The Center for Interdisciplinary Research in Bioethics, (CRIB) was established in 1987. Its task is to address the ethical issues arising from the development of Biomedical & Health sciences and technologies: medical ethics, history and philosophy of medicine, environmental ethics, ethics of biotechnologies, gen-ethics, applied ethics, neuroethics... Inter-disciplinary in the broadest sense of the word (Medicine, Biology, Philosophy, Law...), the CRIB supports a pluralistic and free-thinking approach. The CRIB is linked to a Master of Ethics Program. Since its foundation, it has worked closely with the Belgian Advisory Committee on Bioethics. The documentation center of the CRIB includes a library and a database that offers bioethical information.
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Burnout of general practitioners: which prevention, which solutions? Promotor : G. Lebeer
The aim of the project is to propose recommandations in ordre to prevent and tackle professionnal burnout of general practitioners in Belgium. It is made up of three studies : a systematic review of literature, a study of existing structures in other countries, a qualitative inquiry by interviews and by a Delphi method with concerned general practitioners.
On the mutilated body : political work and construction of the body experience in cancer support groups. (thesis director : Guy Lebeer). N. Hamarat
Literature about the profane experience of the body (Good, 1998 ; Klaver, 2009) and the role of patients' organizations in the generation of knowledge about illness (Rabeharisoa, Callon, 1998) are abundant. However there is very little connection made between the two themes, with the exception of certain pioneer anglo-saxon works (Klawiter, 2004, 2008). How are conceptions of the body/mutilation constructed in these groups, what is the nature of the collective identities generated around these constructions, and how are claims for recognition introduced into the medical culture - specifically when individual intimacy is affected ?In the first phase of my research, I will describe the 'political work' [travail politique] (Dodier, 2003) undertaken around the issue of mutilation in breast cancer support groups. I will examine the reconceptualization of dominant representations (seduction/sexuality, maternity, aesthetics, modesty, body exposure in public spaces, etc.) in the light of the local moral context. Discussion of this reinvented moral space is an opportunity on the one hand, to conceptualize a sociology of mutilation and, on the other hand, to analyze the 'familiar regime' [régimes du familier] (Thévenot, 2006), and specifically the work of rendering public the deepest intimacy. In a second stage of my research, after building a theoretical model that relates collective action and the body, I will broaden my observations to other support groups [three other types will be considered : support groups for testicle/prostate cancer patients (reconceptualization of masculinity), support groups for colostomy patients (bodily fluids stigma), and support groups for laryngectomy patients (alcoholic-smoker lifestyle stigma, expression deprivation)].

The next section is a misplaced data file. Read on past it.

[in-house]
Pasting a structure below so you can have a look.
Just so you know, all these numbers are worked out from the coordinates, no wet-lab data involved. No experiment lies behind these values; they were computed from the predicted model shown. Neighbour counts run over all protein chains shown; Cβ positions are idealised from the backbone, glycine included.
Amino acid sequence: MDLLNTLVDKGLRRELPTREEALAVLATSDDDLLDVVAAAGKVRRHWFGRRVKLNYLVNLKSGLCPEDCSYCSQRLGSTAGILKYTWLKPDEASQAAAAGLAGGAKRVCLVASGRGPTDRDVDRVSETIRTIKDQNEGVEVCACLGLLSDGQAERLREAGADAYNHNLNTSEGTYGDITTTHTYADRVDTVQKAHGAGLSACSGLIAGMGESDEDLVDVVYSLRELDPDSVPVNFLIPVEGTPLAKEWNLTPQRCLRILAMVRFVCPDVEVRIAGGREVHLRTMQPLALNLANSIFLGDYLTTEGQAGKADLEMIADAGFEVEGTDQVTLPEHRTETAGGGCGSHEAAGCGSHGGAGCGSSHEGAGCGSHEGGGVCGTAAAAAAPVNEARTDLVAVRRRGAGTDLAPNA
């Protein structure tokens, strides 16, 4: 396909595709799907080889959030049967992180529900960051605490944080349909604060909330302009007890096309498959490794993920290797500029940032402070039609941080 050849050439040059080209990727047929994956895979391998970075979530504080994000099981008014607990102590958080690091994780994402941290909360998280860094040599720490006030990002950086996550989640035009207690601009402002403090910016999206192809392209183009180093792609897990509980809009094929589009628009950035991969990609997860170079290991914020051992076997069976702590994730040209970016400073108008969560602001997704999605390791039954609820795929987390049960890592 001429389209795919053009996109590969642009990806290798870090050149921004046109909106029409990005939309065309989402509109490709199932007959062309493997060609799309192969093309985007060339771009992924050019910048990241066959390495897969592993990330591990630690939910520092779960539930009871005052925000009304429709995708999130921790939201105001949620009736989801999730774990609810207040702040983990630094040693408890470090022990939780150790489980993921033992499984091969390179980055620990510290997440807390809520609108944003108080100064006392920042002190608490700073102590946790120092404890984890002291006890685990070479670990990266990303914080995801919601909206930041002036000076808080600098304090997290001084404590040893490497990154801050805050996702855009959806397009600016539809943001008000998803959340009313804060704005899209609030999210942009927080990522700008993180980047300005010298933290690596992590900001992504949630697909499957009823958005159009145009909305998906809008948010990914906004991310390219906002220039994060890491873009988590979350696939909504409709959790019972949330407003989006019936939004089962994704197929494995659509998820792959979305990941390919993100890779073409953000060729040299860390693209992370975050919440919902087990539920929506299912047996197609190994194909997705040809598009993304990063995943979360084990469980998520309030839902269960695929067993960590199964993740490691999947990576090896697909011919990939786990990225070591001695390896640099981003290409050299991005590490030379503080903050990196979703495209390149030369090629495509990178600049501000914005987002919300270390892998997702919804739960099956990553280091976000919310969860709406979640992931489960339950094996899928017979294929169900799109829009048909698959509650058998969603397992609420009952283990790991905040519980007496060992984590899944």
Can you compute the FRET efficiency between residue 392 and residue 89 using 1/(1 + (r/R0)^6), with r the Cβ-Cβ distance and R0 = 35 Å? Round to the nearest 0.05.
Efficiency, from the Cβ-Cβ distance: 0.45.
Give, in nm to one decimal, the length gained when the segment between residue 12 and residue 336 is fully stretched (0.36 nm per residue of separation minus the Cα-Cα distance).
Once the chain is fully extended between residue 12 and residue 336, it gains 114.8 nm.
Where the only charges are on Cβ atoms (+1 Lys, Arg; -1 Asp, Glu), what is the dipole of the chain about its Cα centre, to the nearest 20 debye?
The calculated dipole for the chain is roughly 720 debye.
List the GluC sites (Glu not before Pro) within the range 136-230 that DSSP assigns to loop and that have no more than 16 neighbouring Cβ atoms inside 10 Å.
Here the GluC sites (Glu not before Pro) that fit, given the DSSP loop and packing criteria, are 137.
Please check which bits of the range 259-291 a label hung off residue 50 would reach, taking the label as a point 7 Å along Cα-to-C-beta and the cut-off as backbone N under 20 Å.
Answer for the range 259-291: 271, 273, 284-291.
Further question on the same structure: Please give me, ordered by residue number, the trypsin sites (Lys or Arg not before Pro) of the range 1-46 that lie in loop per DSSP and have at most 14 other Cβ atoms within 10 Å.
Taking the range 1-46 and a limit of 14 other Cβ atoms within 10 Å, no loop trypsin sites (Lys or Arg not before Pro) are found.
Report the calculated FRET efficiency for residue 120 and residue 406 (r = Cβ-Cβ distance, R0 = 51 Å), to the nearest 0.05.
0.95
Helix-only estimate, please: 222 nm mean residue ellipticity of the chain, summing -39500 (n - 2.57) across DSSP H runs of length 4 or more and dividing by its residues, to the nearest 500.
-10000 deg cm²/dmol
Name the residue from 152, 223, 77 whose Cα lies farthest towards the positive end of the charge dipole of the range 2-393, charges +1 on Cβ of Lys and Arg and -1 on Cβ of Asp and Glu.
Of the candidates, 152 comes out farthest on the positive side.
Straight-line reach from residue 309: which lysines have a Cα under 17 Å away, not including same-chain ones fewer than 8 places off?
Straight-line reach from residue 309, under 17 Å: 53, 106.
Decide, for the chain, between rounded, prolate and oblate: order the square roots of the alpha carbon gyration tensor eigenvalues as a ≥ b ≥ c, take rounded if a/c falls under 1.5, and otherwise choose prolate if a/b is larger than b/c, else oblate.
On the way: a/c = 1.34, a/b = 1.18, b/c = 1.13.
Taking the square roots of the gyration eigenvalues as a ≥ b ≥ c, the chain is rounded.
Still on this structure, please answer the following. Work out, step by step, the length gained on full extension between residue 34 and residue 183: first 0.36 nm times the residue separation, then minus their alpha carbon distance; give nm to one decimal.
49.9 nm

Flexibility, health of the workers and quality of the work in the cleaning sector.
The aim of the research was to analyze the impact on the health of workers of two specific issues. The first concerns the flexibility and speed of work indiuce by the competitive structure specific to the sector. The second concerns the difficulties of reconcily professional and private life resulting from working atypical hours.
How can the EU social partners for commerce contribute to improving Health and Safety at the workplace in their sectorthrough an efficient social dialogue ?
Normative frame and government of vulnerabilities :the case of mental health sector and youth social services. Promoter : G. Lebeer.
This doctoral research tries to enlighten some aspects of ''new'' social control : government by norms, individualization of public policies, subjectivation of disparities. Two fieldworks will be conducted : the mental health sector and the youth social services.
A Belgian specificity? Sexual revolution and (de) polarization 1960-2000: A Belgian specificity? Contribution to a history of gender and sexuality norms (2015-2020.
Pilarisation, which refers to the management of religious and philosophical diversity in highly divided societies, is one of the fundamental features of Belgian society. It led to the existence of separated worlds surrounding individuals from cradle to grave. Besides pastoral care, this system applied to institutions in fields such as education, youth protection, health, family or work. Through the study of issues such as the introduction of gender diversity in schools, contraception and abortion, HIV/AIDS and homosexuality, the study of gender norms and sexuality transformations since 1960 will shed new light on depilarisation. This project, which gathers an interdisciplinary team will highlight the often overlooked intersections between intimate changes and the contestation of traditional forms of social and political organisation in Belgium, which took place within the context of authority reshaping in Western Europe. Promotors : Cécile Vanderpelen-Diagre, Valérie Piette, Guy Lebeer, David Paternotte.